The culture clash is expected but deftly handled. Neither Mau’s gods nor Daphne’s prim manners are portrayed in a way that makes them seem superior. They have each grown up in their own culture and now they have to find a way to understand each other and question what they’ve been taught all their lives. For Daphne, it may begin with not wearing 7 layers of clothing and actually showing her naked toes to strangers (gasp), for Mau – ever since the wave wiped out his family – it is the Big Question. Do the gods really exist? And if they do, how could they have let this happen?
As they both struggle to come to terms with their beliefs and their loss, more survivors appear on the island and a new, albeit small, Nation comes alive.

nation pratchett

There is so much beauty on these pages and I am not sure where to begin. Daphne and Mau are wonderful protagonists. Mau’s self-doubt – for he is not a boy but never went through the proper manhood ritual, so he believes himself to have no soul – and Daphne’s keen scientific mind are not really all that different. The themes in this book may be obvious, but the characters are still at the center of the story, and I continued reading as much for Mau and Daphne as I did for the valuable life lessons. Pratchett doesn’t hit you over the head with a hammer of science. In this alternate Pacific Ocean nation (and it is alternate), neither Daphne nor the author find Mau’s culture and belief to be ridiculous or primitive. Yes, Daphne likes proof for the supposed miracles she sees – such as poison turning into beer – but she takes Mau’s gods seriously. This is a wonderful story that shows that different isn’t inferior – and to wrap this message in a wonderful, emotional, and funny story is the best way to deliver it.

The characters are vivid and real, they have gone through something terrible and deal with the aftermath in their own way. Mau thinks about giving himself to the darkness, Daphne tries to act the brave, proper lady. But inside – and the reader knows this – they are hurting and wondering about the future. As they slowly build their lives on the island, ideas start popping up. I loved the protagonists most of all because they enjoy thinking and through that learn more about the world and about themselves.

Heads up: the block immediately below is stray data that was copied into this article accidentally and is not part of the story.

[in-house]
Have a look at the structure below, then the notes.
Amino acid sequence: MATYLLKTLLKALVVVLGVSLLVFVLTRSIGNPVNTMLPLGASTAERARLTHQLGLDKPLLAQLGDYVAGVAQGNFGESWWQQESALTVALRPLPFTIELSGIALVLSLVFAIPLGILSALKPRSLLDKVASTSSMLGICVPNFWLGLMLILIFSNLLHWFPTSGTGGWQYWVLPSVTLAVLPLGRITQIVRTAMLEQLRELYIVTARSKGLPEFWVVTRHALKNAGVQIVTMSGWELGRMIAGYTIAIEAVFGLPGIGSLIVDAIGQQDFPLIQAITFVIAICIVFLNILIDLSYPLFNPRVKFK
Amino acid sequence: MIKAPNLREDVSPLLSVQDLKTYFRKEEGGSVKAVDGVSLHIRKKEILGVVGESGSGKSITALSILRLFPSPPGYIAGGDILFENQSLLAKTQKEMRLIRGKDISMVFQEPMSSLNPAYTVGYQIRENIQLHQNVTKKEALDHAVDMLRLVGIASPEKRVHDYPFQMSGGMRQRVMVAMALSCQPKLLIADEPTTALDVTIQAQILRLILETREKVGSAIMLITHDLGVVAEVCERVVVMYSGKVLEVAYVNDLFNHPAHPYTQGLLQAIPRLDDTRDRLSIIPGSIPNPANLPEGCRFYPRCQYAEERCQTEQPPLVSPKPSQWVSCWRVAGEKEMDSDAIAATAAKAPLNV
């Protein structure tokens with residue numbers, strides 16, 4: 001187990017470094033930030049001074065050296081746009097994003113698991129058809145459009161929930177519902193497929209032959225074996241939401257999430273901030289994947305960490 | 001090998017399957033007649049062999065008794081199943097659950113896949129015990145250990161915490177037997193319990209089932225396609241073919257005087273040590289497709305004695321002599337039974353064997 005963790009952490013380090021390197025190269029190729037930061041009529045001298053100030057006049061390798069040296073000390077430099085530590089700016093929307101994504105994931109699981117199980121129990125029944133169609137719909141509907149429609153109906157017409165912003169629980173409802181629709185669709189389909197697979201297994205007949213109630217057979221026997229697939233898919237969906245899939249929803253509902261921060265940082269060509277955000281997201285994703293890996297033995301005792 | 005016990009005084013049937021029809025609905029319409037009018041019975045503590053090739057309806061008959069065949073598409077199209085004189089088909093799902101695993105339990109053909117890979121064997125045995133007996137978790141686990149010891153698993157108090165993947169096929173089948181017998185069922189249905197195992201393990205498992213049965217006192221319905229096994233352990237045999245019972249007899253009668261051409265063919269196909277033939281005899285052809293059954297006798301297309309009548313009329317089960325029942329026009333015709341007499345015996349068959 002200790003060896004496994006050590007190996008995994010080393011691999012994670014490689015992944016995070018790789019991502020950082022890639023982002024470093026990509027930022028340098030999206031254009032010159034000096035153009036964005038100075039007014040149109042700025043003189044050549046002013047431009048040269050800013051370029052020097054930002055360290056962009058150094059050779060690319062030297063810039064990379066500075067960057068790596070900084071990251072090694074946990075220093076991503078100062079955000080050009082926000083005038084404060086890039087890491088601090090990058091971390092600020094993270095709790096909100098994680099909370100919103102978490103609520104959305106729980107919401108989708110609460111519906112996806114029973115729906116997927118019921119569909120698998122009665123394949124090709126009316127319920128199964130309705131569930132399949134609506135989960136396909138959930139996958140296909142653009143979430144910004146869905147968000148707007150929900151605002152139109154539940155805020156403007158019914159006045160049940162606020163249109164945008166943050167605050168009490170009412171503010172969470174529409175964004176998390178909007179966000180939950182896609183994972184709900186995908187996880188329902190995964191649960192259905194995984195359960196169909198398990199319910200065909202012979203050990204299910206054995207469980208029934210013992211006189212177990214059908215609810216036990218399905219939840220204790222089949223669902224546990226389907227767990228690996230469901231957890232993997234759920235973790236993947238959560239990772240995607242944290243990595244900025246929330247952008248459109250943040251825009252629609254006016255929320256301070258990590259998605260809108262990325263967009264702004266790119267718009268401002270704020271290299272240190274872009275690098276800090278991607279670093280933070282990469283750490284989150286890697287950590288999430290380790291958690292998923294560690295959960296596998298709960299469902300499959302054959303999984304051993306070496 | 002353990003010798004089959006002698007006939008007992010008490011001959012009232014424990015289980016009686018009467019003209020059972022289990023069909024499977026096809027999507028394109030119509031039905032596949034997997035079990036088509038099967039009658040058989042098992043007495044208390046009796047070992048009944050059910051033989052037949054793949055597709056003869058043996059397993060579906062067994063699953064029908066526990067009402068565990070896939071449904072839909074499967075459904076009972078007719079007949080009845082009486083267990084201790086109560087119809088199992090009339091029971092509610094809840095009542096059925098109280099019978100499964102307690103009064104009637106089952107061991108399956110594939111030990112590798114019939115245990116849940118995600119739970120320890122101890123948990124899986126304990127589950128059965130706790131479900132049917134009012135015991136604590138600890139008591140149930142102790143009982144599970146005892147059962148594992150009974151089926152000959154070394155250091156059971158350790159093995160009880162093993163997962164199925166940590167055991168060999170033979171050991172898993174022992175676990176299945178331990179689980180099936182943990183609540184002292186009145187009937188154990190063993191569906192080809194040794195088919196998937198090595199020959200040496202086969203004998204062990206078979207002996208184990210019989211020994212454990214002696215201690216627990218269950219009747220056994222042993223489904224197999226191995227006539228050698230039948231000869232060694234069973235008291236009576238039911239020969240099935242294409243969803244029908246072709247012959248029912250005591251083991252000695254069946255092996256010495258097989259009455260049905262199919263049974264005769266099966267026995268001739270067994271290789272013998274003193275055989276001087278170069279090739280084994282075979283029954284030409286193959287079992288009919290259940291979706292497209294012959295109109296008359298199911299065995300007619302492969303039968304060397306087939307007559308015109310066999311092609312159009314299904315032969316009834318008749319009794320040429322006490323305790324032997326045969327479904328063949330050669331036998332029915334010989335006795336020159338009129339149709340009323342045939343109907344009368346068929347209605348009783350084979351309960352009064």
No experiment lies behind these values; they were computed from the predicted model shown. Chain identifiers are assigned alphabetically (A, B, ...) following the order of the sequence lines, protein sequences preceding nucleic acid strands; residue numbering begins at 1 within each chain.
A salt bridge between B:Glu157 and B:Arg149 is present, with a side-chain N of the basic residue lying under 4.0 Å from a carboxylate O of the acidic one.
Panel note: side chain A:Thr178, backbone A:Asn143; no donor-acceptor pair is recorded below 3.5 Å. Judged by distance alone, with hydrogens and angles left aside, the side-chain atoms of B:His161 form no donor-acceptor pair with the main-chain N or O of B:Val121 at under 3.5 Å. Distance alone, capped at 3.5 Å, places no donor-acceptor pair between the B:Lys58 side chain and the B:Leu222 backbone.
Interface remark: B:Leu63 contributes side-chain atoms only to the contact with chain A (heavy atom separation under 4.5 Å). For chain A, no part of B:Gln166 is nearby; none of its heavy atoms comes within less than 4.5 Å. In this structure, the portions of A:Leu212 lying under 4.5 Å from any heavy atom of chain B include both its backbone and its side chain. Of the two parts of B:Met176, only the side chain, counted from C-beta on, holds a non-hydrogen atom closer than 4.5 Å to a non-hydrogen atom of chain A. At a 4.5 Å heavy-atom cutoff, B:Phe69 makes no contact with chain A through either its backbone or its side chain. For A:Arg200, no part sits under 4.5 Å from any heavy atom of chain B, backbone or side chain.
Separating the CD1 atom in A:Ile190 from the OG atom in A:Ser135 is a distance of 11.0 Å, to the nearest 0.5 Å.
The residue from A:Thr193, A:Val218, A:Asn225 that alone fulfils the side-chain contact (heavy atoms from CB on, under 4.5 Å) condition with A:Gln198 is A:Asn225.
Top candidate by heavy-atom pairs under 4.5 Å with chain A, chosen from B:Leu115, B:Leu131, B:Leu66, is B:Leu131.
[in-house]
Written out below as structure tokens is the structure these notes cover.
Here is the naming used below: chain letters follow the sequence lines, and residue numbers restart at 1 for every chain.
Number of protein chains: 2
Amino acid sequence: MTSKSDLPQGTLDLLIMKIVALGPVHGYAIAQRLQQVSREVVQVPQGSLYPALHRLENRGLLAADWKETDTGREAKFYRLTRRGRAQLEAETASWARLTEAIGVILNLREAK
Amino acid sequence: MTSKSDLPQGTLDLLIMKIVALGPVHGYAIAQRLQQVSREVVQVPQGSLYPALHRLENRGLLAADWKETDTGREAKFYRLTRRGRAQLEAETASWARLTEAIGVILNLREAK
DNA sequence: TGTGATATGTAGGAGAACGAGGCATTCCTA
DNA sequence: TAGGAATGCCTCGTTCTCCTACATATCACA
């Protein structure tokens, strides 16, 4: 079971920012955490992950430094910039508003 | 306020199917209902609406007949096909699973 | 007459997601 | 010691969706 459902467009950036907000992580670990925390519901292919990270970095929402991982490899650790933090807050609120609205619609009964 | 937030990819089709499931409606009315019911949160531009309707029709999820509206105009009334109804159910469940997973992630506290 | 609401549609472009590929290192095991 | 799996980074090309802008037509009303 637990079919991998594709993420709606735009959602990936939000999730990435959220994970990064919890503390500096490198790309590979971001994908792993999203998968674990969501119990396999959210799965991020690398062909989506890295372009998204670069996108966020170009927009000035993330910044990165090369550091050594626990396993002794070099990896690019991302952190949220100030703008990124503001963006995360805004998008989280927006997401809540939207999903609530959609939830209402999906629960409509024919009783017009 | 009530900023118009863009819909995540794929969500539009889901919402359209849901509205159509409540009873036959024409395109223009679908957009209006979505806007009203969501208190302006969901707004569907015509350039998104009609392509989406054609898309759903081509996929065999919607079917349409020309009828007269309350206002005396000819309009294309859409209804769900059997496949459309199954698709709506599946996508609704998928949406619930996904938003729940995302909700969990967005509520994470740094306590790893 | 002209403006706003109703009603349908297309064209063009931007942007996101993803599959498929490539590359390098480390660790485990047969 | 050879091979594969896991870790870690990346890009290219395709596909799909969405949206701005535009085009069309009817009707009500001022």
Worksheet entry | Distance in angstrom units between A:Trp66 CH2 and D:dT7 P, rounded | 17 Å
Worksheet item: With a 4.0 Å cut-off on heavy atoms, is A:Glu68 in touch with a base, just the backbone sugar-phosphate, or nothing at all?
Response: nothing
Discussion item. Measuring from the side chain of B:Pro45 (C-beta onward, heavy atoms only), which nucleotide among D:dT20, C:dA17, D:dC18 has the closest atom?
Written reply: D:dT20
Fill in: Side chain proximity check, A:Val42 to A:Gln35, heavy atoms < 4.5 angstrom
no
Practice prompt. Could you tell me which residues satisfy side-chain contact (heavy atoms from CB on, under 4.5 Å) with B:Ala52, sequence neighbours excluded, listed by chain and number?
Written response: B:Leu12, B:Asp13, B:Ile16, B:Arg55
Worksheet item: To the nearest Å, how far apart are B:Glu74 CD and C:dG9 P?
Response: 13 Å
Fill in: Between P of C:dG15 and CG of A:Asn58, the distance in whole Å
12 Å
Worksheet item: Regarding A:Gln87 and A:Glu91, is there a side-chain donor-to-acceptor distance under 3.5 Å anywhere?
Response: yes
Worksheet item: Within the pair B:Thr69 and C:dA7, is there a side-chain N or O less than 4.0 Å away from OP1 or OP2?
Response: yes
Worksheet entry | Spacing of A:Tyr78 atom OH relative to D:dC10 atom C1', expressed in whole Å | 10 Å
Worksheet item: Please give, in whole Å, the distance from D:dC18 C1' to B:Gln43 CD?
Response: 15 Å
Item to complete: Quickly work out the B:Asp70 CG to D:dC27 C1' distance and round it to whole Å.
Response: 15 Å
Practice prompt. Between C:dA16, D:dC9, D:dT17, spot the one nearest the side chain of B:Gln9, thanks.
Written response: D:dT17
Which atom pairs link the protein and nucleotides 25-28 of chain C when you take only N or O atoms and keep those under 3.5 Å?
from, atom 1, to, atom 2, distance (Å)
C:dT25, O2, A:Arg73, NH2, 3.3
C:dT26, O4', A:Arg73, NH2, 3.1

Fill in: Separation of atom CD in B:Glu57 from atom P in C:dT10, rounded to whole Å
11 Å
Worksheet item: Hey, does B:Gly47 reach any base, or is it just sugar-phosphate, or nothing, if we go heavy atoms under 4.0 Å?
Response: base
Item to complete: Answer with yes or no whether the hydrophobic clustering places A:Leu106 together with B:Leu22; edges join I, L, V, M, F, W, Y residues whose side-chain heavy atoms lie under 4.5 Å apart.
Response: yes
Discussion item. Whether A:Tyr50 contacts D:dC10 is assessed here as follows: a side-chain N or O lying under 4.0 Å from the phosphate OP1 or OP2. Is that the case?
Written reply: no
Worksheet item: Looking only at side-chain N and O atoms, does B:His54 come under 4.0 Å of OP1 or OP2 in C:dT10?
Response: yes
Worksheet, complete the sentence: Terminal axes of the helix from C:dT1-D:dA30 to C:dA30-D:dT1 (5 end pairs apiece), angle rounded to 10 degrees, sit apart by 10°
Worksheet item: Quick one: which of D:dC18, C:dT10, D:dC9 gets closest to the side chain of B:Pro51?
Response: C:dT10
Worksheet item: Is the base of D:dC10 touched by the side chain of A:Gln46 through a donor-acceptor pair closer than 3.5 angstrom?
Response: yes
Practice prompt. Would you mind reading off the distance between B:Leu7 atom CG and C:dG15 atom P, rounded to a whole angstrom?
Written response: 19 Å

Someone had to eat the first oyster, you know.
Someone looked at a half shell full of snot and was brave.

Little asides like this may at first strike you as comic relief, a little fun to lighten the serious tone. But the thing that struck me over and over was that, despite being funny, there is so much truth in it as well. That is how people evolve, that is how inventions are made – by somebody doing something seemingly stupid or crazy, being brave, and discovering something new about the world. And in working together, amazing things can be achieved – such as the construction of a new Nation, even if it is different from the one before.

Take one strip of the vine lengthwise and yes, it needs the strength of two men to pull it apart. But weave five strands of it into a rope and a hundred men can’t break it. The more they pull, the more it binds together and the stronger it becomes. That is the Nation

Any book, for me, is carried by its characters and their growth. Both Mau and Daphne go through immense changes, not only because of the wave but out of sheer necessity. Daphne’s courage in the face of tragedy goes to show just how much she has grown. When this young girl with a passion for science performs an amputation, even Mau is surprised.

“[…] Those captives were treated very badly.”
“And you’ve been sawing the bad bits off them?”
“It’s called surgery, thank you so very much! It’s not hard if I can find someone to hold the instruction manual open at the right page.”
“No! No, I don’t think it’s wrong!” said Mau quickly. “It’s just that… it’s you doing it. I thought you hated the sight of blood.”
“That’s why I try to stop it. […]”

I have a fondness for pratical people and maybe that is why Tiffany Aching speaks to me so much. One thing I’ll definitely take away from this is that Terry Pratchett is made of Magic. I hope he will continue to write for many, many years and share his wisdom about humanity with us, in the shape of fantastic stories, peopled by lovable, wonderful characters.

Nation has also been adapted for the stage and while I’ll probably never get to see it, the pictures look beautiful. Of course the actors look much older than I picture the characters but I love how small details have been taken into account. On the right, Daphne – still rather proper in her dress – is wearing the grass skirt the Unknown Woman made for her. And Mau is trying out trousers in order to understand what makes trousermen so excited about them (turns out he’s quite fond of the pockets, if nothing much else).